Gerry Kelliher explains why the way products are purchased is the greatest agent of change in organisations today
There’s no getting away from the fact that technology continues to transform everyday activities – in both our personal and working lives. While it’s very easy to focus on the actual technology enabling change – think cloud, data, Artificial Intelligence and so on – it’s perhaps the way technology is ‘purchased’ that is the greatest agent of change.
The last decade has seen a marked shift away from commodity purchasing towards the subscription-based economy. Microsoft talks about its cloud revenues. Oracle and SAP are the same. Adobe did a 100% shift. That’s the way the world works today. In fact, Gartner predicts that by 2020, all new entrants and 80% of historical vendors will offer subscription-based business models, regardless of where the software resides. “What began as a trickle a few years ago has become a stampede of vendors wanting to make a move to a subscription business model,” the research organisation said.
What’s more, the subscription economy has led to the development of some of the most disruptive businesses on the planet. Zipcar enables a world where you don’t have to possess a car; Spotify means you never need to own music; and organisations never need to physically own their technology.
These disruptors are proving popular because they deliver hassle-free ﬂexibility: there’s no need to worry about the assets; solutions tend to be scalable; and the subscription model can ease cashﬂow. That creates a much better environment for doing business.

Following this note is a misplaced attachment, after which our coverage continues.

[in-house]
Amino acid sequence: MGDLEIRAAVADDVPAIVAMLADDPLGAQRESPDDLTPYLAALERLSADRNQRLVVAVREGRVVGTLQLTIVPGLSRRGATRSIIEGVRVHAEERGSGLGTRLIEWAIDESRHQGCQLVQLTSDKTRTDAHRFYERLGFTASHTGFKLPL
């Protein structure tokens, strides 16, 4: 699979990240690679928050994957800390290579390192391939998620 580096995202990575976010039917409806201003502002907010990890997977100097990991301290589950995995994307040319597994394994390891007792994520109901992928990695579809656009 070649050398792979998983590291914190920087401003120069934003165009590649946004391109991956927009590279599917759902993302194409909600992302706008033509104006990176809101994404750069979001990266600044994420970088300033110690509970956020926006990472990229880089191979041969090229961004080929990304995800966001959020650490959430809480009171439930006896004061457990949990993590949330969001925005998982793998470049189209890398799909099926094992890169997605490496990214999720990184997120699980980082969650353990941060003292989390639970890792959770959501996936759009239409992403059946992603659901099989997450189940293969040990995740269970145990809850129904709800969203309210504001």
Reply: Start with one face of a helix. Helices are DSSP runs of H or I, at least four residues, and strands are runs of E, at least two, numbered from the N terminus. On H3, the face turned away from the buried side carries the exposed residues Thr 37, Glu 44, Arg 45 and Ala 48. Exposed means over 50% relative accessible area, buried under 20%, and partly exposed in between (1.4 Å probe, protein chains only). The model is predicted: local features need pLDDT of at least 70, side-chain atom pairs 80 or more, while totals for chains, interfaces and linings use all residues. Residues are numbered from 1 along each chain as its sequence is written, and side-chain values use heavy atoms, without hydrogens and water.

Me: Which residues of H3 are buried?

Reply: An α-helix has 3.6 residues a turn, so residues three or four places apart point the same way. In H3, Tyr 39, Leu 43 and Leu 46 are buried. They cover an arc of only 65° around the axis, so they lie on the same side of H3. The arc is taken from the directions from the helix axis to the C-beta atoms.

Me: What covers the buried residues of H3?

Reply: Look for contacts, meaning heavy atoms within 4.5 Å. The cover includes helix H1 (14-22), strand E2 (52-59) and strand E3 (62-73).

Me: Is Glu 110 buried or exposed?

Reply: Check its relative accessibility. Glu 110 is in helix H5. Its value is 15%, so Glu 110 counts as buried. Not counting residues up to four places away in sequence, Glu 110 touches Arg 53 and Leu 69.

The OPEX shift
Document capture solutions are no different, and demand for subscriptionbased products is clearly growing as organisations look to migrate away from CAPEX and onto OPEX models.
Indeed, Harvey Spencer from analyst frm HSA notes: “We have seen over 100% growth in OPEX-related capture services in our latest worldwide capture market report, versus overall growth of 11%. Clearly, the industry is rapidly moving to a services model. In a fast-changing environment, it allows a ﬂexibility of services in response to growing customer demand.”
Software purchases can fall under either category. Software can be considered a long-term asset and qualify as a CAPEX that depreciates over the lifetime of the product or solution. Or, it can be considered an ongoing cost of doing business, and therefore an OPEX.
OPEX is increasingly preferred for capture software, for a number of reasons. A survey conducted by IDC highlighted that the acquisition cost of solutions is the largest hurdle for businesses to clear when automating document-based workﬂows. A subscription model addresses this concern as it allows businesses to pay as they go and align spending with usage of the software. Affordability is the key benefit, as OPEX offers a lower barrier to entry. Plus, given the importance of carefully managing cash, funding projects from OPEX budgets helps maintain a lean balance sheet while preserving cashﬂow.
Scalable and reliable
Aside from the financial benefits, ﬂexibility and scalability are key drivers behind the rise of the subscription economy. Whether companies face seasonal changes in workload, the business grows (or is streamlined), or the size of the business changes because of mergers and acquisitions, subscription-based pricing gives organisations the ﬂexibility to scale up and down according to need.
In addition to its inherent scalability, the subscription-based model brings consistency. Subscribers always have access to the latest software version (a common requirement to take advantage of the latest features, capabilities and, crucially, security) and the cloud ensures that everyone is using the same version.
Capture software, like other digital technology, looks set to become increasingly subscription-based as businesses adopt new financing models and a more ﬂexible way of procuring technology.